Bart Soutendijk Custom wire art and steel-rod wall murals

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first sketch before making a wire mural

First Sketches

Reference pattern to make wire art from

The Drawing for the Wire Art

final wire art made from pattern

The Wire Art






The Drawings

The drawings I use as guides are generally finalized on a computer.  I use the pen tool to make paths and move them around until I like what I have.  Then I export the paths and print the illustration to the size I want. When I think of an image that interests me I can draw it quickly on a piece of paper, scan the drawing with a scanner, and manipulate it on the computer until it’s exactly what I want. I didn’t always use a computer. When I first started making drawings for sculptures, I used a drafting pen on tracing paper.  I’d make a shape, change it by tracing it a little differently on another piece of tracing paper, and cut away the tracing paper that held the line.  To add two partial drawings together, I used a stapler. If things got to messy, I traced the image over again.  I still essentially do the same thing, today, but the computer makes it much easier.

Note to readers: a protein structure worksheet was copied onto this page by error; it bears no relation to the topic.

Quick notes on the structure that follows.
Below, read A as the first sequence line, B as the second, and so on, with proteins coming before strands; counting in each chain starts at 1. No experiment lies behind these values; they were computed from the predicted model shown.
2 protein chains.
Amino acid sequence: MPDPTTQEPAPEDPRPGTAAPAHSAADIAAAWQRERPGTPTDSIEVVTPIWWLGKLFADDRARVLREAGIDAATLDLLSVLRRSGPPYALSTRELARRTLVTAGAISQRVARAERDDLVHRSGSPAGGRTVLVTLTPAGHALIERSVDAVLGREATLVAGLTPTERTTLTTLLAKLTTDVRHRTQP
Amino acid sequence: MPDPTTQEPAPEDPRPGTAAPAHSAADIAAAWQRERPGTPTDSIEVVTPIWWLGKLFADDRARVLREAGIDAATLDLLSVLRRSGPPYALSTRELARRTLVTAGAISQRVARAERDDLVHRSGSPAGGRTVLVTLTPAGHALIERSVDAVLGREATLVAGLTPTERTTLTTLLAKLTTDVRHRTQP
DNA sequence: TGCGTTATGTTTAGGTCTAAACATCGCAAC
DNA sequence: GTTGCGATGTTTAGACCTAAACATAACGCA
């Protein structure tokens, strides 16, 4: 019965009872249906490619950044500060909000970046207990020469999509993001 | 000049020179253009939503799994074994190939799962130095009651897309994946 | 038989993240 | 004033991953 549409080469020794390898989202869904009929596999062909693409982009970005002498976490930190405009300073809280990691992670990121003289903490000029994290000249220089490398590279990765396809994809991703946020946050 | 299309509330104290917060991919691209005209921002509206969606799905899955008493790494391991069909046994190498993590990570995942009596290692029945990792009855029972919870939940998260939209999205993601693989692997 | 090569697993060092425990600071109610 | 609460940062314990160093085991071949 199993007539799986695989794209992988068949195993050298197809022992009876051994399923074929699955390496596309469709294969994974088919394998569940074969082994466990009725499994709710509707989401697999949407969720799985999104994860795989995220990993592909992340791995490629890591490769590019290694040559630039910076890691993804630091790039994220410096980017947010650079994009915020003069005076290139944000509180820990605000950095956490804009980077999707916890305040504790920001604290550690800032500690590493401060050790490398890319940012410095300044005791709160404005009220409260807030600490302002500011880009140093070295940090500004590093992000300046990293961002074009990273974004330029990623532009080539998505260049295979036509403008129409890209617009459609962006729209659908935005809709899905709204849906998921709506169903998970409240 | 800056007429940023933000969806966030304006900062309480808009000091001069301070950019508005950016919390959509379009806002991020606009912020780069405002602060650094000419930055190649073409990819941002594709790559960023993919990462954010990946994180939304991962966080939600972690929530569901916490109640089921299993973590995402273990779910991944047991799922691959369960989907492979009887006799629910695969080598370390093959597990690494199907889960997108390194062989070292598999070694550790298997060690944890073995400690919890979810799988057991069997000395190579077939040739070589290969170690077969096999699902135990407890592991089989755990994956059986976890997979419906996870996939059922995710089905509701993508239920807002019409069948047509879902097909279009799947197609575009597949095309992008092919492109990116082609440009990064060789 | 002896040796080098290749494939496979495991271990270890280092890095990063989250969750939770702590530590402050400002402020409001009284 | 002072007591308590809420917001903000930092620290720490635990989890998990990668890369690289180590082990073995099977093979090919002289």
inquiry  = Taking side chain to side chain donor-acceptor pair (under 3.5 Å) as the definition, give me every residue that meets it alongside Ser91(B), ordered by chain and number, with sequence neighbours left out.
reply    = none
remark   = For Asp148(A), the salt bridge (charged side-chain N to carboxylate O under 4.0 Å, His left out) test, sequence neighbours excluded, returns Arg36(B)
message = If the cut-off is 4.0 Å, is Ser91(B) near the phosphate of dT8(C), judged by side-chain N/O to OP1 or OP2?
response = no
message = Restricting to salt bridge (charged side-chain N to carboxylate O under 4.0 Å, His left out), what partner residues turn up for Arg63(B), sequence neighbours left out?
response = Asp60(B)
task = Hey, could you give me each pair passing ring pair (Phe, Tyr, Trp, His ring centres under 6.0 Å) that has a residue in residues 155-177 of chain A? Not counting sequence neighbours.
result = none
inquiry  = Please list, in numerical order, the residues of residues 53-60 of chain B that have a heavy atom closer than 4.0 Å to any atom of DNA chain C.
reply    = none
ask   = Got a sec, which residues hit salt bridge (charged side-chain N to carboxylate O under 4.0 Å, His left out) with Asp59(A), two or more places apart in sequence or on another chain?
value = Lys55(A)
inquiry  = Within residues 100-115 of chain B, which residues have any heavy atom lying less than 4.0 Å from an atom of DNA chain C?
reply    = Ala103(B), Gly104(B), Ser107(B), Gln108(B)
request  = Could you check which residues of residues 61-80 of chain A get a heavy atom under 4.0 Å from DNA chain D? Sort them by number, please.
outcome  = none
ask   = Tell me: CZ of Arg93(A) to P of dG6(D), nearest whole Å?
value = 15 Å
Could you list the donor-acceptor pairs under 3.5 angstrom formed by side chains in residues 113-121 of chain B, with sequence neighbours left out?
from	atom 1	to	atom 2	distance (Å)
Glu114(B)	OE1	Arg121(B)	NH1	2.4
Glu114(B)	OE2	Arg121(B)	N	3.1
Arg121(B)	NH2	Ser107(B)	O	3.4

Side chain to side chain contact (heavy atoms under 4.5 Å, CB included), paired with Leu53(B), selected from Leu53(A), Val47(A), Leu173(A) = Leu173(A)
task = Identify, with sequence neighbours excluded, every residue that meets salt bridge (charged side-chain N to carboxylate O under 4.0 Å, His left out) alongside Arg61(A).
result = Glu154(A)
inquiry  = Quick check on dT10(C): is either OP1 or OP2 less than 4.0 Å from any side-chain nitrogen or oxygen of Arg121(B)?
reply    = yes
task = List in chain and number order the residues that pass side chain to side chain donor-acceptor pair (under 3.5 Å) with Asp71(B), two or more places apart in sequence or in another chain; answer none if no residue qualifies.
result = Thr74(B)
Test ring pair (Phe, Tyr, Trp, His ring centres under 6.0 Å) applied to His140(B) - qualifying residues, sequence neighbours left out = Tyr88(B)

The Wire Wall Art

My goal is a large metal wall mural out of heavy steel wire – also known as light metal rod – about 4 mm in diameter. People are amazed when they find out that I bend the metal by hand.

I could program my computer to make them using water-jet technology, or use an automated wire bending machine, or a 3-D printer, but I’ve chosen to do it all by hand.

I make the art by hand because I’m lazy. Working with my hands is harder so I do less of it and the resulting murals are less complex. I’m sometimes amazed that I actually did something that interesting. An image that took up many lines when I started flows into a few lines that are more expressive and look more like the subject.


How to order


The process